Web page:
The $20 Liberty Double Eagle can trace its roots back to the California Gold Rush. Until 1849, the largest United States gold coin was the $10 Eagle – and for good reason. Ten dollars, in 1849 terms, would be the equivalent of approximately $300 today. Just as few Americans need to use bills larger than a $20 today, larger gold coins were rarely used in the mid-19th century. This all changed, however, when a massive amount of gold started flowing in from central California.
Banks and merchants needed a large gold coin that could be used for significant transactions and reserves. The United States Mint answered their wishes with the $20 Liberty Double Eagle, which was first struck in 1849. Exactly one piece was struck that year but it was never released into private hands. The coin remains in the Smithsonian Institution to this day. Supposedly the legendary banker and coin collector J.P. Morgan offered the U.S. government $35,000 for the coin in 1909, but his offer was rejected. If offered for sale today, the coin could fetch more than $10,000,000 at auction.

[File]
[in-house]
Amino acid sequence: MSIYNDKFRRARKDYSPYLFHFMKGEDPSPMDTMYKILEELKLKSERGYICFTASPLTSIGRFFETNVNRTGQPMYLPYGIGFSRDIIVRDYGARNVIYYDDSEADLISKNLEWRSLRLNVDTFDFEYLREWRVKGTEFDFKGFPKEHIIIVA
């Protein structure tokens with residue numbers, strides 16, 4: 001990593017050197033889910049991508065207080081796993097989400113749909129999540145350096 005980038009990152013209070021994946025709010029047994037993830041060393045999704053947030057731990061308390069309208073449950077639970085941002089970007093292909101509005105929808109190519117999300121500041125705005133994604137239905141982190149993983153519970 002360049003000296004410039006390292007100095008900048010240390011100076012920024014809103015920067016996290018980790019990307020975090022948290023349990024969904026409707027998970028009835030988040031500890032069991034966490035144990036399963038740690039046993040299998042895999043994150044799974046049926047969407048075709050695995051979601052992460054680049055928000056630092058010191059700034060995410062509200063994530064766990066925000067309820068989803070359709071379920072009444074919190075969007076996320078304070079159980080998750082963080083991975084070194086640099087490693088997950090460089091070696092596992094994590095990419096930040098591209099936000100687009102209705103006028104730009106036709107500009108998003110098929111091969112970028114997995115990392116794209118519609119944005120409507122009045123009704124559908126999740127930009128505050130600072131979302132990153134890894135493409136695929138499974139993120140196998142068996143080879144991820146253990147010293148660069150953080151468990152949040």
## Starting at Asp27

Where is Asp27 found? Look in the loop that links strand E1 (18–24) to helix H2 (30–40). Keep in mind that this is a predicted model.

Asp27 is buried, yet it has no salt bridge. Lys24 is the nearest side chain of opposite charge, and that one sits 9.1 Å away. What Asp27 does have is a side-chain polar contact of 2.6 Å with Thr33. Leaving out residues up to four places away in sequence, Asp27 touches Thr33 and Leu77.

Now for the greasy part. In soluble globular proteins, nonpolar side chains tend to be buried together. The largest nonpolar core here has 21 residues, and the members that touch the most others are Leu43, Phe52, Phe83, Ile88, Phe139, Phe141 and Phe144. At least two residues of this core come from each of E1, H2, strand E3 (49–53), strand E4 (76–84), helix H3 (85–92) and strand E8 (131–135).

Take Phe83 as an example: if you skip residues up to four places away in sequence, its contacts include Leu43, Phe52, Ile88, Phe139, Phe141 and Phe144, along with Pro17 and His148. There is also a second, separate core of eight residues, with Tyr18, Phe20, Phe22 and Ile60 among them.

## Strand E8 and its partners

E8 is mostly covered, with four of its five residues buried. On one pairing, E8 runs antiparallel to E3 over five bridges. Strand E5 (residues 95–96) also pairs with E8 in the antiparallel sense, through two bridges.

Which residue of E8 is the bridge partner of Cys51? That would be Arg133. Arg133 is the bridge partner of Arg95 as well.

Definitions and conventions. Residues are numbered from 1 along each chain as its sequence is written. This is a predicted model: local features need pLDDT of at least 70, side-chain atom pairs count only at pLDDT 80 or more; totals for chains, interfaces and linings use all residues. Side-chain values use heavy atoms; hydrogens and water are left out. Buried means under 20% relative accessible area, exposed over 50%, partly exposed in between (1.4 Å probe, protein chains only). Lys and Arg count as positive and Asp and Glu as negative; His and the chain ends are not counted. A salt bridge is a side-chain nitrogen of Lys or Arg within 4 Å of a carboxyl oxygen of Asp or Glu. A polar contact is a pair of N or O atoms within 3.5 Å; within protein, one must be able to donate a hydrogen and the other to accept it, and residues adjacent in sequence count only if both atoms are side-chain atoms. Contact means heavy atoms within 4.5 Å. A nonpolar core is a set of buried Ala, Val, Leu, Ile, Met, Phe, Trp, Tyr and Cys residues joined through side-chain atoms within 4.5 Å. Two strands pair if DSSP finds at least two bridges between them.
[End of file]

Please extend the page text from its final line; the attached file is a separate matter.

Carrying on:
During its production run, which stretched across seven decades, the $20 Liberty Double Eagle became an internationally recognized store of value. The coin was deemed a trustworthy and recognized form of payment throughout the world. In fact, to this day, $20 “Libs” will surface from time to time in European and South American bank vaults. It joined major world gold coins like the Sovereign, 20 Franc and Corona as a reliable way of holding bullion.
The $20 Liberty was issued continuously until 1907, although production levels varied considerably year to year. Mintage figures also different quite a bit from one mint to another. For instance, in 1854, the Philadelphia Mint released over 750,000 pieces while New Orleans struck just 3,250. An even more extreme example of this phenomenon took place in 1884, when the San Francisco branch struck 916,000 coins but Philadelphia released a measly 71 pieces.
$20 Liberty Double Eagle production reached a crescendo in 1904, when the Philadelphia Mint issued over 6.25 million coins. It’s unknown as to why the Mint struck so many coins that year – perhaps the Mint was overly optimistic about the country’s economic health at the time. Regardless, the 1904 $20 is by far the most commonly encountered date in the series. This is especially the case in Choice Uncirculated; the vast majority of coins seen in MS64 are dated 1904.